Adult sawflies are short-lived, with a life expectancy of 7–9 days, though the larval stage can last from months to years, depending on the species.

Woodpeckar Feeding Chicks From Pinterest

They are a pest for humans

Sawflies are major economic pests of forestry. For example, species in the Diprionidae, such as the pine sawflies, Diprion pini and Neodiprion sertifer, cause serious damage to pines in regions such as Scandinavia. D. pini larvae defoliated 500,000 hectares (1,200,000 acres) in the largest outbreak in Finland, between 1998 and 2001. Up to 75% of the trees may die after such outbreaks, as D. pini can remove all the leaves late in the growing season, leaving the trees too weak to survive the winter. Little damage to trees only occurs when the tree is large or when there is minimal presence of larvae. Eucalyptus trees can regenerate quickly from damage inflicted by the larvae; however, they can be substantially damaged from outbreaks, especially if they are young. The trees can be defoliated completely and may cause “dieback”, stunting or even death.

Sawflies are serious pests in horticulture. Different species prefer different host plants, often being specific to a family or genus of hosts. For example, Iris sawfly larvae, emerging in summer, can quickly defoliate species of Iris including the yellow flag and other freshwater species. Similarly the rose sawflies, Arge pagana and A. ochropus, defoliate rose bushes.

They are a pest for humans, yet the Lord, their Creator, cares enough for them to provide dew to drink.

“The LORD by wisdom hath founded the earth; by understanding hath he established the heavens. By his knowledge the depths are broken up, and the clouds drop down the dew.” (Proverbs 3:19-20 KJV)

Do we not sometimes misbehave, yet the Lord continues to provide water, sun, air to breathe, and other benefits for us? Critters are provided for, but we, humans, have even a greater blessing available to us. Salvation through the Lord Jesus Christ.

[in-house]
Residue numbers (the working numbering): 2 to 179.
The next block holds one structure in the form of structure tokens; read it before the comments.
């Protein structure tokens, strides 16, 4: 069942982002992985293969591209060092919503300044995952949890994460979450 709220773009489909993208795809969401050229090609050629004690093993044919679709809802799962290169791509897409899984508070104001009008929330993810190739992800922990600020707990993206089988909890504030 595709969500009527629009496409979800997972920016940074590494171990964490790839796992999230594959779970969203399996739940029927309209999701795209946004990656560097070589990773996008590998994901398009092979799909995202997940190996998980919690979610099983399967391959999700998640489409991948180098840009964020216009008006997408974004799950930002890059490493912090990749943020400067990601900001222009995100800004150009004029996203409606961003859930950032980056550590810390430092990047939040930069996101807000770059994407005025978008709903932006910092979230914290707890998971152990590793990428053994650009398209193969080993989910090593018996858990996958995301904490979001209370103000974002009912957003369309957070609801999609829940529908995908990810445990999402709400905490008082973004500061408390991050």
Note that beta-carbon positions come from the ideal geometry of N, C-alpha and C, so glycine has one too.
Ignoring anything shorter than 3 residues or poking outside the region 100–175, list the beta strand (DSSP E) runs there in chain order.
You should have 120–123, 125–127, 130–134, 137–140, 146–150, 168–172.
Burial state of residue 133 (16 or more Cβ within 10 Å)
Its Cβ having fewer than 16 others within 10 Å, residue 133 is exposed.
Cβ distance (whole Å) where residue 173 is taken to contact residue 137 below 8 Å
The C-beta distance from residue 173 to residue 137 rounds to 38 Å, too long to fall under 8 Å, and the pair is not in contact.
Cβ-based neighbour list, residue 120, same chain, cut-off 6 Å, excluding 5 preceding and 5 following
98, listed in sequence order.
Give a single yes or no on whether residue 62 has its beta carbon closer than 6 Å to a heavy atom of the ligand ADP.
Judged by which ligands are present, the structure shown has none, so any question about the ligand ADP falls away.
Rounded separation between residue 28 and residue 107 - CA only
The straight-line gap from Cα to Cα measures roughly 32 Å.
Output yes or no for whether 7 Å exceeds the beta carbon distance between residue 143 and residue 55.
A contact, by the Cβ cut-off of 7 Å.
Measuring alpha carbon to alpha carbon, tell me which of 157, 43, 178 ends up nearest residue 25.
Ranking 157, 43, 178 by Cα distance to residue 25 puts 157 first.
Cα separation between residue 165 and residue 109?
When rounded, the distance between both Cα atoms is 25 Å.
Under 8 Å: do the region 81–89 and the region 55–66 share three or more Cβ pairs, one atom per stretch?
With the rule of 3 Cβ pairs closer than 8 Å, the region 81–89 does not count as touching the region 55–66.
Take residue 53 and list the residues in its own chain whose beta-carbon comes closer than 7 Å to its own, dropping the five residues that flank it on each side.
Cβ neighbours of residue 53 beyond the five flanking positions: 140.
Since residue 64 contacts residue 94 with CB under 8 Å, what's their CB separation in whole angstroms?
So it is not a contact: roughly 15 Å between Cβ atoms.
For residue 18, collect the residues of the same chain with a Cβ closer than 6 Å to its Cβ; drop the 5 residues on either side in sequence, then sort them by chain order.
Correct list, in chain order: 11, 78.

Photograghy of B Smith

Sawfly Wikipedia

Who Paints The Leaves?

Woodstock’s Dilemma

Peanuts for Sunday June 9, 2019 – A Dilemma

“A friend loves at all times,…” (Proverbs 17:17a NKJV)

Well, my friends Woodstock and Snoopy were at it again this Sunday. It appears that Woodstock has a Dilemma and patient Snoopy listened, and then offered a solution to the problem. It’s nice to have friends like that as we go through life.

Peanuts for Sunday June 9, 2019 – Split Hairs

“…And the sweetness of a man’s friend gives delight by hearty counsel.” (Proverbs 27:9b NKJV)

Here is some information that helps us understand how birds do get “Split Ends.” Notice the number 3 feather.

“A close look at feather growth reveals how these intricate structures form.

  1. Each new feather grows from a small outgrowth of skin called the papilla.
  2. As feathers mature, their tips get pushed away from the papilla, where the newest parts of the feather form. Like human hair, feathers are youngest at their base.
  3. The feather’s structure develops as proteins are laid down around the surface of this bump of skin. It’s here that the branching patterns form by smaller branches fusing at the base to make thicker ones—barbules fuse into barbs and barbs fuse into a rachis.
  4. As the feather grows, it stays curled in a tubular shape around the papilla until it is pushed away from the growth area.
  5. A protective sheath maintains the feather’s cylindrical shape until it starts to disintegrate near the tip, allowing the mature part of the feather to unfurl.
  6. The sheath falls off and the growth process is complete.”

The feather photo and above information is from: Everything You Need To Know About Feathers

Here is an interesting video that explains quite a bit about moulting. Even though she explains with captive birds, the principles are the same.

Most of us have watched birds preening their feathers. Often, they are working on a new feather that they are fixing up.

Limpkin (Aramus guarauna) Preening at Circle B

Limpkin (Aramus guarauna) Preening at Circle B

What a wonderful Creator of these Avian Wonders. I’ll never believe that feathers and their structures “just evolved.” No, their was, is, and will be a Master Creator at work.